Once upon a time I was in love with Abstract Painting. I can still remember making, in my parents’ garage, bad teenage paintings about the life I wished I had while flipping through the survey book from my mom’s art history night class. The reproductions of the Rothkos and the Pollocks in that book were inscrutable to me. I couldn’t understand how they were made, but I could tell they had a hell of a lot more power than my oil doodles on Michaels canvases. I wanted to understand them and to make things as powerful as they were.
My art education before about 1994 consisted of Peanuts comic strips in the black-and-white Arizona Daily Sun and big color reproductions of religious Renaissance paintings in the oversized Bible that had its own wooden stand on the fireplace underneath a mantle full of photographs of my high school braces. I enrolled in art school because I woke up one day and realized I could no longer rent porn to suburban city council members and get blackout drunk. I wanted to be a writer, but I had to be an artist.
After a while at school I began to get abstraction. I understood that it was a way to interpret the visual data that enters our brain through our eyes and gets organized into a picture most humans who can see agree upon—into constituent elements like color, shape and texture. It was the most thrilling thing that had ever happened to my tiny young brain. Everywhere I looked I saw Rothkos and Pollocks and Stills. Mushrooms, my buddy Keith, and Abstract Expressionism opened my eyes to visual experiences in the everyday that continue to trip me out.
But like every profound revelation, there was a dark side. I was running from Saturday morning hangovers at Mickey’s Movies, but more than that I was running from the oppression of the religion that shaped my early childhood. Looking behind me and seeing nothing but a future full of psychological deformity bent by reductive ideology, I jumped off the cliff into the waiting arms of a different reductive ideology. I went about banishing every trace of recognizable imagery from my paintings. Keith even called his paintings —which were a lot better than mine—Monads: a bold claim to say the least.
Process and material without narrative intent became my method for erasing the mental images of giant locusts attacking depraved women who cut their hair or wore pants. Looking at paint as paint helped demystify my church’s interpretations of a high altitude jet trail over the Arizona desert as a ring of angels. I set myself the impossible task of eliminating all possible narratives from the surface of my canvas. If a circle too round or a line too straight happened to appear in the brushstrokes, they were scrubbed out lest they become a moon, a sun or a road. There would be no more stories to give me nightmares.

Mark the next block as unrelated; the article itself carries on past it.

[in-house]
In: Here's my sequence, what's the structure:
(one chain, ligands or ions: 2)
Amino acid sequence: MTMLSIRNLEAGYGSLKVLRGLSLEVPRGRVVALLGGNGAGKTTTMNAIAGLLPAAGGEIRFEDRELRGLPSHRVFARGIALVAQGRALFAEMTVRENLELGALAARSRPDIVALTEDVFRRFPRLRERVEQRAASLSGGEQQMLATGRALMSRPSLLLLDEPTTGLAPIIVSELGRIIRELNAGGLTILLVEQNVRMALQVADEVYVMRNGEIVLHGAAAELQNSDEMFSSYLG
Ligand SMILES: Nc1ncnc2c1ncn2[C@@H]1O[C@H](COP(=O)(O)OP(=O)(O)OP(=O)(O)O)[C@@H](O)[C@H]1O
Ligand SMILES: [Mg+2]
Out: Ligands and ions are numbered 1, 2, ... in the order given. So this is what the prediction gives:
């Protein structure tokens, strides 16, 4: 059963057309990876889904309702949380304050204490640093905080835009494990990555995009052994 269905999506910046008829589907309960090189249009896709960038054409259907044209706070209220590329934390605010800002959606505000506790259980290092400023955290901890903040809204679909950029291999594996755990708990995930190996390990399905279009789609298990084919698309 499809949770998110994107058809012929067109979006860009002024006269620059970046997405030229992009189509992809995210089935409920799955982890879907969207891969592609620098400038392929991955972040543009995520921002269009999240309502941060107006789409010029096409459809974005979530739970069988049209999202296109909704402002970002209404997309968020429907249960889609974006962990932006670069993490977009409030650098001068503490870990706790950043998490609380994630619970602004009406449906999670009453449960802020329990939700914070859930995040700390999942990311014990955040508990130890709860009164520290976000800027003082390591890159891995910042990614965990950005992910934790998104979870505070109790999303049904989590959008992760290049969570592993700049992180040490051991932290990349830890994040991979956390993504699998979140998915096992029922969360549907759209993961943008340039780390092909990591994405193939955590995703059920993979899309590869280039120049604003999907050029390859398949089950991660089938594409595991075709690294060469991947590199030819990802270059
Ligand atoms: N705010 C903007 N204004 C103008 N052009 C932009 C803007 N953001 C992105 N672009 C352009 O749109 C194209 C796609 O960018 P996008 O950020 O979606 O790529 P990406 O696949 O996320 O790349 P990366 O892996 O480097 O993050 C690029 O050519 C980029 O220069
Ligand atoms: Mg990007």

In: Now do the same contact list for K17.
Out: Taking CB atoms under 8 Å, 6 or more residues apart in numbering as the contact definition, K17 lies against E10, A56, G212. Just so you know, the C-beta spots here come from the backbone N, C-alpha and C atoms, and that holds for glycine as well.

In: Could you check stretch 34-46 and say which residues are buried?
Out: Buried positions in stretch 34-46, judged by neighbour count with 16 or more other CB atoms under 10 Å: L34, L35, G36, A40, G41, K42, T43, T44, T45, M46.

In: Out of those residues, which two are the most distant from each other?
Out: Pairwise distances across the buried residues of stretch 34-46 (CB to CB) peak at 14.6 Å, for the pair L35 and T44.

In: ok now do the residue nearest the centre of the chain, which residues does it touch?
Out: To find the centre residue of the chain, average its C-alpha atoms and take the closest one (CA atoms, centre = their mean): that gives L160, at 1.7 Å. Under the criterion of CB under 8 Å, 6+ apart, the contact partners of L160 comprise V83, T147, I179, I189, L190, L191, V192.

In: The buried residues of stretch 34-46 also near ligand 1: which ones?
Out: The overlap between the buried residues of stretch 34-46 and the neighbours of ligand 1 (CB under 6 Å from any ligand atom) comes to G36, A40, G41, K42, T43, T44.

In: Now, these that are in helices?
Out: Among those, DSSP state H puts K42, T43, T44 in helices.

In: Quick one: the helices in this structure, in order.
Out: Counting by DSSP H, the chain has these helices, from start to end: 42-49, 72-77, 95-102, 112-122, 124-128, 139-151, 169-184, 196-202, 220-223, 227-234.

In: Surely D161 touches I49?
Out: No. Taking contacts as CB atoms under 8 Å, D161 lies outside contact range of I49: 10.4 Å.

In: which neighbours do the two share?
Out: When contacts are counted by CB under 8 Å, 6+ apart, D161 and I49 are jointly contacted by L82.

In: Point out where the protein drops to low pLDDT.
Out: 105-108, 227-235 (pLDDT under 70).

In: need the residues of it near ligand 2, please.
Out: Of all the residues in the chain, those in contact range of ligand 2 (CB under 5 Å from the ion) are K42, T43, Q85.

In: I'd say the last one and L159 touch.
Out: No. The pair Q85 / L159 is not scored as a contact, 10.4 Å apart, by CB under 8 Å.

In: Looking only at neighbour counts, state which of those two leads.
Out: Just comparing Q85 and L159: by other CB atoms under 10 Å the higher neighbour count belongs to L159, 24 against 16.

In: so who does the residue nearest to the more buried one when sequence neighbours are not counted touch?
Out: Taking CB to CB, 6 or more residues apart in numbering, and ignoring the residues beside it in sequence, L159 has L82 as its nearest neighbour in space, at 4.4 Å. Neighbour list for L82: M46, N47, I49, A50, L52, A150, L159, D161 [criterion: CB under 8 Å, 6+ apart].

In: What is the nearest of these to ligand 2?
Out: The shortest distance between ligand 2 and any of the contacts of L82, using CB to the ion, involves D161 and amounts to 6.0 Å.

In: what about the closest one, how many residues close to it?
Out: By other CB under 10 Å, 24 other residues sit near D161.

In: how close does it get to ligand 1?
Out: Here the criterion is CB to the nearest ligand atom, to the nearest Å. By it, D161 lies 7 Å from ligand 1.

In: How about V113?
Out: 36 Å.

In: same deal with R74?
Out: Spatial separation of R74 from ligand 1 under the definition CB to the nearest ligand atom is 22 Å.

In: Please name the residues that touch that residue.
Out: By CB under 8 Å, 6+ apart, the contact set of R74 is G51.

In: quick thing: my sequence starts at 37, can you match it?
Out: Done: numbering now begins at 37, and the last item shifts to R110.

My memories of chasing the dragon on the end of Keith’s kitchen knife and dematerializing the terrifying mythical images of my childhood are still some of the happiest and most profound of my life. But I was twenty-two, naïve, and couldn’t see that by stripping my painting of anything extraneous to “the fact” of material reality, I had brought my family’s religion with me into my life as an artist and exchanged one God for another. It was a reversal that over the years has taught me that religion comes in sizes and colors that fit over every couch.
I might have continued my love affair with Abstraction for many more years. I really did love the discovery of color and I felt smart, like I had broken a code that my family would never be able to break. For them, my mom’s kindergarten class could do it.
It has always been my experience that you look up one day and love is gone. On October 12, 1999, my father died suddenly and unexpectedly. When I walked back into my studio a couple weeks later and faced a roomful of abstract paintings on pieces of wood I could see only one thing: a pieta of my dad’s naked, waxy body on a hospital gurney with my mom and sisters gathered around it. The image was too powerful and Abstraction was dead to me. The thrill was gone.
It’s not totally Abstraction’s fault that I turned it into a religion. I was too stupid to realize that the rules of the zero-sum game I made of it had already been broken and reassembled time and time again by the time I came to it. But I’ve never been able to forgive it for the knot in my stomach and the emptiness in my heart when I looked at those paintings and realized that after everything I had given Abstraction, it had left me and I was alone again. Don’t listen to me. I’m just another guy with a broken heart singing another somebody done somebody wrong song.
also by Michael Bise
- Is criticism dead yet? Does anyone care? - May 21st, 2017
- How Not to Teach Art: The Pedagogy Group - April 24th, 2017
- University of Houston Masters of Fine Arts Thesis Exhibition - April 12th, 2017
- An Incomplete Guide to Critiquing Painting in Tumultuous Times - March 27th, 2017
- Adiós Utopia at the MFAH - March 20th, 2017